On Thursday, it appeared that a Morris County detective would plead guilty to a motor vehicle violation for a collision that killed a Morristown pedestrian last year.
But the case, being heard in Sparta to avoid local conflicts, will resume next month because the municipal prosecutor is asking the judge to treat the matter more strictly than most traffic complaints.
Kristi Allegretta, a lieutenant with the Morris County Prosecutor’s Office, struck Galina Kustanovich, an 80-year-old Russian immigrant, last June in a crosswalk outside the Ann Street seniors complex in Morristown, where Kustanovich lived with her husband.
The Passaic County Prosecutor’s Office investigated and declined to press criminal charges.
Allegretta, who has been suspended with pay since the accident, faces a single charge of failing to yield to a pedestrian in a crosswalk. The motor vehicle violation carries maximum penalties of $500 in fines, 25 days in jail, and license revocation for six months, when a serious bodily injury is involved.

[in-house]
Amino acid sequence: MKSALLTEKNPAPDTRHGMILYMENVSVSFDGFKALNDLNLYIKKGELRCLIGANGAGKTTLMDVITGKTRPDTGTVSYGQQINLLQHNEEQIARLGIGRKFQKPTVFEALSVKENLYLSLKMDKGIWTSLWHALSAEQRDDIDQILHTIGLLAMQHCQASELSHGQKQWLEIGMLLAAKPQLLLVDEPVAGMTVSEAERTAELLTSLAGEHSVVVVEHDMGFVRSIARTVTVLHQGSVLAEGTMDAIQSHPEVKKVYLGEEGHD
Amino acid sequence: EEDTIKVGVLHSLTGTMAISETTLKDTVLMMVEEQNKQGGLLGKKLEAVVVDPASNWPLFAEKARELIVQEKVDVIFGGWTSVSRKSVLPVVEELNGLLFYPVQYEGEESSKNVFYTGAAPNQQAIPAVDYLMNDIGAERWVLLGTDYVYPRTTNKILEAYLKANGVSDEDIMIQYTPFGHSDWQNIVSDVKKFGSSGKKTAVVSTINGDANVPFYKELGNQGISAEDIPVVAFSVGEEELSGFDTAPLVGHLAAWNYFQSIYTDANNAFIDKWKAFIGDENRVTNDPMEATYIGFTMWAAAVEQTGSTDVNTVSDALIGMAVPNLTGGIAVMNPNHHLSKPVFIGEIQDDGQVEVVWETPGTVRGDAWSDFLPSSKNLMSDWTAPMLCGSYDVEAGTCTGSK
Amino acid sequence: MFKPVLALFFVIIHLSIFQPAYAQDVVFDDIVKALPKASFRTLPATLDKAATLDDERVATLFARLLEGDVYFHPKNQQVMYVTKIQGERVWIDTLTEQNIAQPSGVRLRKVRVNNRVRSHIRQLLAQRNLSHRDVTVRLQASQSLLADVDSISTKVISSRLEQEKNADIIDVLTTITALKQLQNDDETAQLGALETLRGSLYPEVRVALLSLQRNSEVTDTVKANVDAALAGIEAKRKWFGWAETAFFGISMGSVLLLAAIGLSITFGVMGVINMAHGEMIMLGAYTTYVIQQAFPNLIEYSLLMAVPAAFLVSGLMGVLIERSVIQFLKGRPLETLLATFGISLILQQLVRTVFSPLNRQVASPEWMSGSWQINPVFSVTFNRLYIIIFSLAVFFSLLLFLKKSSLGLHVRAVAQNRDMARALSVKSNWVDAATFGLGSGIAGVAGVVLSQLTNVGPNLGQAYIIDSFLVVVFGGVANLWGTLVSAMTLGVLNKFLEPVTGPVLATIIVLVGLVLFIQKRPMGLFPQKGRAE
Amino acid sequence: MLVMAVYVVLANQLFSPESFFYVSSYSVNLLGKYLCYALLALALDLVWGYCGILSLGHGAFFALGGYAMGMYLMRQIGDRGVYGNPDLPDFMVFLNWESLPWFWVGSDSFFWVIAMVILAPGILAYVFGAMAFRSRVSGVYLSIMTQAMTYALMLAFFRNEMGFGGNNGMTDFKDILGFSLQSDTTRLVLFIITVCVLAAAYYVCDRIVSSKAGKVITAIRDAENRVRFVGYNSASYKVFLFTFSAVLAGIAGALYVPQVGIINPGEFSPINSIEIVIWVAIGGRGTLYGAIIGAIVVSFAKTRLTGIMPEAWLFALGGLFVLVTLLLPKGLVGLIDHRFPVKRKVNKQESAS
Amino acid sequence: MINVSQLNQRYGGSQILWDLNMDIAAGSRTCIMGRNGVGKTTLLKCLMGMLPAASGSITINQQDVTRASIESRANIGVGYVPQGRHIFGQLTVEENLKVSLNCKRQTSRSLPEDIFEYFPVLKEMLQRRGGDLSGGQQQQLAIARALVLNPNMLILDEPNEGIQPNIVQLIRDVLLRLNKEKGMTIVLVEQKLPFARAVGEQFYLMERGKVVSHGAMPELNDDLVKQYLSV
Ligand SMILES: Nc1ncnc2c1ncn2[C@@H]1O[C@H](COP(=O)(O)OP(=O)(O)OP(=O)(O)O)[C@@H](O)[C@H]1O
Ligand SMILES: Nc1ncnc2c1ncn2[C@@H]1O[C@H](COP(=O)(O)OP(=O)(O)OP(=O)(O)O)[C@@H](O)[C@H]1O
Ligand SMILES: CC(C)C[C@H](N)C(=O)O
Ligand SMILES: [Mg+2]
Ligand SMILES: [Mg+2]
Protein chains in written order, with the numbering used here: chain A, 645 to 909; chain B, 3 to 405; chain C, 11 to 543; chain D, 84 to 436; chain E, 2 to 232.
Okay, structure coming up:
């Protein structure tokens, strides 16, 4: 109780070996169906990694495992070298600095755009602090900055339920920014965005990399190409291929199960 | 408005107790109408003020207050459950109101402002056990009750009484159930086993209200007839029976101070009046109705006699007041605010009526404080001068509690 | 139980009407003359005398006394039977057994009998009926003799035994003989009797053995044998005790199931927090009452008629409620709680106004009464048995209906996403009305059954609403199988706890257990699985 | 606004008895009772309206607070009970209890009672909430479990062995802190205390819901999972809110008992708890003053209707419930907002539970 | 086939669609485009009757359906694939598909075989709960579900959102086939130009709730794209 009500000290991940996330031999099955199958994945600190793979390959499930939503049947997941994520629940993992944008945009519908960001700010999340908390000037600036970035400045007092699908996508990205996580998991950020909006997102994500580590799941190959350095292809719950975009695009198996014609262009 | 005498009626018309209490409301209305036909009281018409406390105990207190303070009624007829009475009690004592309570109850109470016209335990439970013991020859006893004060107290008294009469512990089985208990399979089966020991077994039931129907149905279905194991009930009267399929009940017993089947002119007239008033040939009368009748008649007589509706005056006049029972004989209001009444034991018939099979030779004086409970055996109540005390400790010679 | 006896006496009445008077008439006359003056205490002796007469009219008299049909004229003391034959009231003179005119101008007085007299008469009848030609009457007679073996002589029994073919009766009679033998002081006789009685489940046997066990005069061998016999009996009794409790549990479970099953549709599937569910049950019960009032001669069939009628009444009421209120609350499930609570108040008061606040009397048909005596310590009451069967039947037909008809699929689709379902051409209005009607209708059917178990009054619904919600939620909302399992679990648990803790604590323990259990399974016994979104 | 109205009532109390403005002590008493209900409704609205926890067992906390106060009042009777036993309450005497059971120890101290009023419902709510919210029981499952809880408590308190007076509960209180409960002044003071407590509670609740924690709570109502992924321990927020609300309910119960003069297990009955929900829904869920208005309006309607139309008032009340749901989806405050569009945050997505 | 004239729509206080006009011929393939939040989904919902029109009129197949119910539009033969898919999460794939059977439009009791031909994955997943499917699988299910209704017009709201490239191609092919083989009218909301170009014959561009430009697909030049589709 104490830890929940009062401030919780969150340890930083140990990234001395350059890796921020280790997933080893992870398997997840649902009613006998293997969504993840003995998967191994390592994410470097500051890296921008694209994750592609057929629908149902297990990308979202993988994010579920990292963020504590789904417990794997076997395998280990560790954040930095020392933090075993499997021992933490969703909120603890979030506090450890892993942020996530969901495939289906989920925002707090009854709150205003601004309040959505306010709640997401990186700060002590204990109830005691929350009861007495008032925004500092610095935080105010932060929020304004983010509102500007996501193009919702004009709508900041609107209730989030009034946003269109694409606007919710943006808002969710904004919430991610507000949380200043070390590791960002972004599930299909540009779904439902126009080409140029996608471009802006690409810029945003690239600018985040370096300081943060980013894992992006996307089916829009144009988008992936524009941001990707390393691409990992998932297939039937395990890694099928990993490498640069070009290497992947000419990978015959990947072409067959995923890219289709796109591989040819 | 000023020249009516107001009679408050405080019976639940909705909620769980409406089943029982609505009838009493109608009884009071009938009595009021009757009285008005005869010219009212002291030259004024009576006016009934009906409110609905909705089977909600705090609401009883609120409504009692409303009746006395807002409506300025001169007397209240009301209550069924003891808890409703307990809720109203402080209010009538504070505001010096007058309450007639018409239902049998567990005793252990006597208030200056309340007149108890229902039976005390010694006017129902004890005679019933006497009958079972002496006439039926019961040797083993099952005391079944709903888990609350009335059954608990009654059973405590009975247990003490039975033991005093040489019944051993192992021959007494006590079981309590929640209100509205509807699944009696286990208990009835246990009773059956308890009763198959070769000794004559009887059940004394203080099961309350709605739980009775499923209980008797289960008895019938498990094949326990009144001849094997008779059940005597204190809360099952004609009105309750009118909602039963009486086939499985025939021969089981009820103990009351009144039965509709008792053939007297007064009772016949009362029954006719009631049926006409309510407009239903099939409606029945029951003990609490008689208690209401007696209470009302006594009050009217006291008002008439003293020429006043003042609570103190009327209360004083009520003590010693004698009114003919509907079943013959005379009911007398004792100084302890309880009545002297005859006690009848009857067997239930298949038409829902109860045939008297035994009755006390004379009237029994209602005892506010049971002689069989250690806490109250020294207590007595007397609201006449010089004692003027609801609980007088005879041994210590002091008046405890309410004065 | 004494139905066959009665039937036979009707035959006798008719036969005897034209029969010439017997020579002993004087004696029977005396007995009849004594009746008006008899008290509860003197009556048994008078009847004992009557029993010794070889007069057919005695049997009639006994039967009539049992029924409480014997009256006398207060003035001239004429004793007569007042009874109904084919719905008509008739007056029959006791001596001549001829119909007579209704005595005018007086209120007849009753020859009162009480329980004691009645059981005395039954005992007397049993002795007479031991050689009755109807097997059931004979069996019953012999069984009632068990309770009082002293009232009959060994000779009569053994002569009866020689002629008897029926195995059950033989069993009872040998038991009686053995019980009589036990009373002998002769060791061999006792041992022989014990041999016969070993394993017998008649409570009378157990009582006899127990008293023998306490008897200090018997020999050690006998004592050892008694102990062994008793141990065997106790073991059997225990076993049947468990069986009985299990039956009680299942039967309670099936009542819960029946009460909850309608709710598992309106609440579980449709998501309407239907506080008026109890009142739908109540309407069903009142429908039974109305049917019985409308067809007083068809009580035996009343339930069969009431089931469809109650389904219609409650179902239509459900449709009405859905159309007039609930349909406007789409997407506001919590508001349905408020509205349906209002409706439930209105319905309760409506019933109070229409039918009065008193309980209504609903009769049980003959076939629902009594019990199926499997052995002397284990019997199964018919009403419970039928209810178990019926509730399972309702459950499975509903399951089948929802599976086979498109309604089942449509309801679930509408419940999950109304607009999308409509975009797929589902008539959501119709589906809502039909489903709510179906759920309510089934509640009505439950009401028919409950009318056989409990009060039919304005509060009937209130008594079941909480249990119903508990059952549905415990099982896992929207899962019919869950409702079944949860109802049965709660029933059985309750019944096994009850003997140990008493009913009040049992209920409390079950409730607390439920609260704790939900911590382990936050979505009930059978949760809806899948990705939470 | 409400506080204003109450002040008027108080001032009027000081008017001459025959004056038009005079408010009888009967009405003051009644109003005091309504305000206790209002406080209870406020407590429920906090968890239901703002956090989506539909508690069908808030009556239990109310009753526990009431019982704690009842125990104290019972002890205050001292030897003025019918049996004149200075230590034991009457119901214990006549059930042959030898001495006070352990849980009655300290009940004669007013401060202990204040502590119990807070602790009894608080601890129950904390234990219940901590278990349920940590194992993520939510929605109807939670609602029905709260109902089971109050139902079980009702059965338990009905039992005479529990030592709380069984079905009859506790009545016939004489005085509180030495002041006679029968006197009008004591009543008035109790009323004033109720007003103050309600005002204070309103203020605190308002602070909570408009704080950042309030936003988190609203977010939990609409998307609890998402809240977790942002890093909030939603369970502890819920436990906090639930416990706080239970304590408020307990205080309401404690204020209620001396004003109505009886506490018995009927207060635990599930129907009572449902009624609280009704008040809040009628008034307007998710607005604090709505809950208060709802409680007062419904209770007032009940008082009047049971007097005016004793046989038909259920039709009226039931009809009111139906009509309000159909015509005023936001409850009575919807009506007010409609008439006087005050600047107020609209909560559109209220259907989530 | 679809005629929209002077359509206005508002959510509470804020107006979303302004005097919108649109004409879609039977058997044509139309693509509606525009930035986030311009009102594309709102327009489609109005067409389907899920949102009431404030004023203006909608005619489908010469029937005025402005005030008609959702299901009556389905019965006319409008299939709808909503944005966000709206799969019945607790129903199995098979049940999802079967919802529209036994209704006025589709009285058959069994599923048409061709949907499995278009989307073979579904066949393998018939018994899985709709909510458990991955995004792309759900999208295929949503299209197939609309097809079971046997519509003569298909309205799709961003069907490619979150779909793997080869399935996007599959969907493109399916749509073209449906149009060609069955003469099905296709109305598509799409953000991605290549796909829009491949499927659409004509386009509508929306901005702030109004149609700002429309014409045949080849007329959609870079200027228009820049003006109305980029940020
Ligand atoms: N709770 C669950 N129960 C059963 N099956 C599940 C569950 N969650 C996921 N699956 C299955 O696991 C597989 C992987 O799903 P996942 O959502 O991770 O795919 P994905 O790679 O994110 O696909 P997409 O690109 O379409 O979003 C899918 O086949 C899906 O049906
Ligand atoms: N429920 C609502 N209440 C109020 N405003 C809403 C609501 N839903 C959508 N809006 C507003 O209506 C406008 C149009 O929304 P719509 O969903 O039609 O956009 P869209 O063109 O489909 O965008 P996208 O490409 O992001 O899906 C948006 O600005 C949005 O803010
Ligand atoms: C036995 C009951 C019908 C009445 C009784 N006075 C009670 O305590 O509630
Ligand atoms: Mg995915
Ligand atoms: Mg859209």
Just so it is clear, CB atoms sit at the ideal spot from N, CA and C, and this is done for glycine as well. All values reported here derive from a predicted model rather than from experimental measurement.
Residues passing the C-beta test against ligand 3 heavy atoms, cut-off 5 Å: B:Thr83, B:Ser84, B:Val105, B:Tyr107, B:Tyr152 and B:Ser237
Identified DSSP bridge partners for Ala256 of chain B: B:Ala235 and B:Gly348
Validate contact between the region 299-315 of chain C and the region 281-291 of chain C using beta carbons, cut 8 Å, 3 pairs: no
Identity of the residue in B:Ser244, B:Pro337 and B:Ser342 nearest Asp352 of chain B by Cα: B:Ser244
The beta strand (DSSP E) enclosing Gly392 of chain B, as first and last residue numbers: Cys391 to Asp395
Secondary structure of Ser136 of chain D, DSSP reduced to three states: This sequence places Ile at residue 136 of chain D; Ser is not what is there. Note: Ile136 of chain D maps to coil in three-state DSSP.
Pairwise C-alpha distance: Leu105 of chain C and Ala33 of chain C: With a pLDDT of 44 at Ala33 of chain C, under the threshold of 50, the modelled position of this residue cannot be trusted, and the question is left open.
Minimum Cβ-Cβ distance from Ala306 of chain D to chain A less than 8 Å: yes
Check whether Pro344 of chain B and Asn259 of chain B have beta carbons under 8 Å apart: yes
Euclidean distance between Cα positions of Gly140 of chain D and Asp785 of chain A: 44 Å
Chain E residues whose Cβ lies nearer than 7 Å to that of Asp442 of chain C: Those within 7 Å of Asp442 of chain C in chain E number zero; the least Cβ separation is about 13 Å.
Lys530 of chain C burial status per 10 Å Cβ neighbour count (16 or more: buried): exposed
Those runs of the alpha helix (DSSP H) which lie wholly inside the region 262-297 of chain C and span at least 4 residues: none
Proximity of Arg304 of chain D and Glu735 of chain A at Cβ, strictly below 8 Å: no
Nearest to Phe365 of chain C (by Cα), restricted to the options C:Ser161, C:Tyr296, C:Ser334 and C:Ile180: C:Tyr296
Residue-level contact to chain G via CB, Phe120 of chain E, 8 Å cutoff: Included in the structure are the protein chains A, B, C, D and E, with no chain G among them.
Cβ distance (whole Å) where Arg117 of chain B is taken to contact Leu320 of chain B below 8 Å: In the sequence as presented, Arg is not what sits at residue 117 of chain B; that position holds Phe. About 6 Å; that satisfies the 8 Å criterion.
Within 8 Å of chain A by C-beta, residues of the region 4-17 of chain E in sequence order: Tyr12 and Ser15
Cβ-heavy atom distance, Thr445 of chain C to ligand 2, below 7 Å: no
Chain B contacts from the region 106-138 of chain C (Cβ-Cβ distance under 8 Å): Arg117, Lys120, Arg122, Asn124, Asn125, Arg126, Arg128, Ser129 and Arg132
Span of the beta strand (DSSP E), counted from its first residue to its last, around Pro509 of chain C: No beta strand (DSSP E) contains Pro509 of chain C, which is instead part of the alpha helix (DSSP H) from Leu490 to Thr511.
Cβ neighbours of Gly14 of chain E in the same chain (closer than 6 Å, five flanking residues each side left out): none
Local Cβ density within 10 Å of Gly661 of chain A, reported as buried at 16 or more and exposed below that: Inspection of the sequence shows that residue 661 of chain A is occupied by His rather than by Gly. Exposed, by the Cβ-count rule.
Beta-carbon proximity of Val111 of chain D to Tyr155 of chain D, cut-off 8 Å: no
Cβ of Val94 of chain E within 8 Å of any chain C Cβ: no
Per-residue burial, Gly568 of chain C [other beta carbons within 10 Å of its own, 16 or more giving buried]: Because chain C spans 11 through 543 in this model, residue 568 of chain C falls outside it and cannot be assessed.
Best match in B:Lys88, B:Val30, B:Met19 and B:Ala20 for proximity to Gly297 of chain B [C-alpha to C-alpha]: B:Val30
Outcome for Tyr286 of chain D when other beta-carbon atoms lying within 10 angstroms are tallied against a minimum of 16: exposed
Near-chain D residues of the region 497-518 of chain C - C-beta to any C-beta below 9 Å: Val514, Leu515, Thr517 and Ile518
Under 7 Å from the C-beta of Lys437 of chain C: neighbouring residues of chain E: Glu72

Allegretta’s lawyer, Denis Driscoll, wants the plea to include a “civil reservation,” a fairly common stipulation that says a guilty plea cannot be used later as evidence of guilt in a civil lawsuit.
Sparta Municipal Prosecutor Jonathan McMeen told Sparta Municipal Judge Paris Eliades that he opposes granting a civil reservation in this case.
“It’s a tough one. It’s not a speeding ticket,” McMeen said after Thursday’s brief proceeding. Because of the “nature and extent of what occurred,” he said, “it’s not easy for either side.”
Allegretta did not appear in court. The victim’s daughter, Marina, attended, with an attorney for the estate, Daniel Marchese.
“I think Jon McMeen is doing the right thing for the victim’s family,” Marchese said. The family has notified Morris County of its intention to sue over Galina Kustanovich’s death, the lawyer said.
The judge may rule on the civil reservation question at the next hearing.